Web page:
Benjamin Kline Hunnicutt in his book Work Without End had this to say:

Meaning, justification, purpose and even salvation were now sought in work, without a necessary reference to any philosophic or theological structure. Men and women were answering the old religious questions in new ways, and the answers were more and more in terms of work, career, occupation and professions.

As I have been reading Covey’s book, The 8th Habit, I have been giving a lot of consideration to his arguments about the disconnected work environment where we seem unable to engage people at the level of their passion and their voice. Joe Dominguez and Viki Robin in their book Your Money or Your Life offer this encouraging thought:

Is it any wonder that so many of us suffer midlife crises as we face the fact that our doing doesn’t even come close to expressing our being.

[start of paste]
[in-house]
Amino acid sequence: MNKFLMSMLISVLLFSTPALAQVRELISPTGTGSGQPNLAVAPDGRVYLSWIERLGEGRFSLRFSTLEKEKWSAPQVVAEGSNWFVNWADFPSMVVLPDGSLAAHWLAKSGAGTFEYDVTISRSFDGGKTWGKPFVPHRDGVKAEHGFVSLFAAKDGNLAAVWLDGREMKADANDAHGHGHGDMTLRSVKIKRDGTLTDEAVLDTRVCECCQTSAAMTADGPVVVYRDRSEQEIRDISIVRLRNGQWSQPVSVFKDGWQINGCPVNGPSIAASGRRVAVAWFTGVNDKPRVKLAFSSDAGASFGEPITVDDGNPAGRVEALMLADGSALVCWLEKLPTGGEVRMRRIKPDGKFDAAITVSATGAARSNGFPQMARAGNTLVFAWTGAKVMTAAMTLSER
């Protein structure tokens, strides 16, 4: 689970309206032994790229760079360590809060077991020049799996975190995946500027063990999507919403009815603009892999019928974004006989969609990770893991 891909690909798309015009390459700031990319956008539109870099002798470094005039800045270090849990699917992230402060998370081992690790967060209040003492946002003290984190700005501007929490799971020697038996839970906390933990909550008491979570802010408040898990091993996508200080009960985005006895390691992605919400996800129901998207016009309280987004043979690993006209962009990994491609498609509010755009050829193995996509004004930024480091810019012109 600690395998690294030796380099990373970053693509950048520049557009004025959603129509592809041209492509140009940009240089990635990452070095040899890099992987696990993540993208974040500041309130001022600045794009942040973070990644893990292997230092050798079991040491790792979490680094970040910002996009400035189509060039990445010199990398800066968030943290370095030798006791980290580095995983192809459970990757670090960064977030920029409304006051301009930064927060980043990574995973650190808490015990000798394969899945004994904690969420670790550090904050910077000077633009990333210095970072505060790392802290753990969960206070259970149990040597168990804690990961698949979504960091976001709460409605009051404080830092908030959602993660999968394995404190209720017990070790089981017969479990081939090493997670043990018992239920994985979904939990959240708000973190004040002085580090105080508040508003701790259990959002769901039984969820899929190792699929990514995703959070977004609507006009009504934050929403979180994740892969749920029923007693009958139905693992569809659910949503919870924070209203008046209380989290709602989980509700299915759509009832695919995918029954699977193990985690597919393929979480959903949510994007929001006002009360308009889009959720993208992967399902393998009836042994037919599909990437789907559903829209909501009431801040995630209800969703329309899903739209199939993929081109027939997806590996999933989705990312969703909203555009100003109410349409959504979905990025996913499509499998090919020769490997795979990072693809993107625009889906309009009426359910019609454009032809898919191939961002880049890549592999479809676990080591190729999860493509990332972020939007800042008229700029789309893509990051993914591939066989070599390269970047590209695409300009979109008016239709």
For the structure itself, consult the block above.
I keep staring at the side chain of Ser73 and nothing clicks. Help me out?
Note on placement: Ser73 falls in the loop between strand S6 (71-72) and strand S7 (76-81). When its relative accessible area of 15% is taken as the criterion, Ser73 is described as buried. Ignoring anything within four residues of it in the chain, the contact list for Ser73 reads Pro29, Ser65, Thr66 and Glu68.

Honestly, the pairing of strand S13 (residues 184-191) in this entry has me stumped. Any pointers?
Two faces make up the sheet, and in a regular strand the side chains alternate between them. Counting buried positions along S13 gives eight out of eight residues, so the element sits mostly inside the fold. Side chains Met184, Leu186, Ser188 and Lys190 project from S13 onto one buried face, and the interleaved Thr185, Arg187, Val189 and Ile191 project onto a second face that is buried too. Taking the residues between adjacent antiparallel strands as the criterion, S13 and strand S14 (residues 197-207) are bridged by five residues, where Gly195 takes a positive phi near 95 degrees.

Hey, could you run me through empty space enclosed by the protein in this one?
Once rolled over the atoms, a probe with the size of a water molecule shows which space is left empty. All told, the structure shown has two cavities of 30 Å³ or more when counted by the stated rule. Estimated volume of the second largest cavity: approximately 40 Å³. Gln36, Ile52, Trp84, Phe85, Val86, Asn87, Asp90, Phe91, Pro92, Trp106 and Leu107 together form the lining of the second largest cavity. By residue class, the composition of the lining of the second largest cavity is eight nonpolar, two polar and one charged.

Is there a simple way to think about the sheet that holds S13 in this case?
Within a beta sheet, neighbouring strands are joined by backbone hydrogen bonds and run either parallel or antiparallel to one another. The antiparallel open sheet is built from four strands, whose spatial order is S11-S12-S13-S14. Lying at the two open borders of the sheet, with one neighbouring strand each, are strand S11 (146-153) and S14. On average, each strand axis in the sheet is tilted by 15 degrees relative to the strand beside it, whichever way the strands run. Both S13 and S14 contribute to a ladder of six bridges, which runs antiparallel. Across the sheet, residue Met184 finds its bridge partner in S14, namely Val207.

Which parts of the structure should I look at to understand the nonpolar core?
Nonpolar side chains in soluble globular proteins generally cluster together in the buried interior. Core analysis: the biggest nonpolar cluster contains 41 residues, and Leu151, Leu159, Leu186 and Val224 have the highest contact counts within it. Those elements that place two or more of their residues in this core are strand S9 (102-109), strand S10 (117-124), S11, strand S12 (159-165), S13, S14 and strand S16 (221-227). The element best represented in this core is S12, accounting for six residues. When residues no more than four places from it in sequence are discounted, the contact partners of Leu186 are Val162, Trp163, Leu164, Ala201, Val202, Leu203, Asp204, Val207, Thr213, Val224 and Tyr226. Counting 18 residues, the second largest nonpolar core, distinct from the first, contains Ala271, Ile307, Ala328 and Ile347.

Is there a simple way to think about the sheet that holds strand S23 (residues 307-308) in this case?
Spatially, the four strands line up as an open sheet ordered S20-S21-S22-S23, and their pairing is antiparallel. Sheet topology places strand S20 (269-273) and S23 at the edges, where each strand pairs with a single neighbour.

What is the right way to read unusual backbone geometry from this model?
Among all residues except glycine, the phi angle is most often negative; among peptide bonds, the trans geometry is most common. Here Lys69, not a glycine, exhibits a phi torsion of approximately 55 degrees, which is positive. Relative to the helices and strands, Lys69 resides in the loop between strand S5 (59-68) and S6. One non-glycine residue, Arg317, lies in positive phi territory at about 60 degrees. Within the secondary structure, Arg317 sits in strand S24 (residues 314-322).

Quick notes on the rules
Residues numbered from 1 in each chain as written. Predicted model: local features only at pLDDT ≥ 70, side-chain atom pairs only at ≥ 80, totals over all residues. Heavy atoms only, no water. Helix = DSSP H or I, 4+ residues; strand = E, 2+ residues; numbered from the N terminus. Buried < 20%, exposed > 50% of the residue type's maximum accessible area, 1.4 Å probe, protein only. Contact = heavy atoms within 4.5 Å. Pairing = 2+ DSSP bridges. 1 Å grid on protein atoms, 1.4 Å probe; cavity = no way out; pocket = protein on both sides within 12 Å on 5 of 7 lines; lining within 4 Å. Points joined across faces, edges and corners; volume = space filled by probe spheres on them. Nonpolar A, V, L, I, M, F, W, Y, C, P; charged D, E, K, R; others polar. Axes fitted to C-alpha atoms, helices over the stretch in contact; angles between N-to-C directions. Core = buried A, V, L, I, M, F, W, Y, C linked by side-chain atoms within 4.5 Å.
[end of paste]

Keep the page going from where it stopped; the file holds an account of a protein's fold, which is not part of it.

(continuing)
I wonder if Covey read their book.

The Problem

I continue the journey of reading Covey’s The 8th Habit. In one week, I have successfully managed to complete two chapters or 24 pages. I usually read about 500 pages a week.

The first chapter spoke to the pain that many people experience in life. Unable to find their voice, they become frustrated and disenfranchised. The second chapter speaks to the problem. Covey puts much of the blame on our corporations:

We live in a Knowledge Worker Age but operate our organizations in a controlling Industrial Age model that absolutely suppresses the release of human potential. Voice is essentially irrelevant.

In essence, our society has placed a higher value on controlling and managing people as things rather than as a whole person. A whole person with heart, mind, body and soul.

The book is divided into two parts. The first part is focused on how we can find our voice. The second part is focused on how we can inspire others to find their voice. Covey recommends that the best approach to gain the greatest results from his book is to adopt a yearlong personal growth and development program. Spend one month for each of the twelve chapters.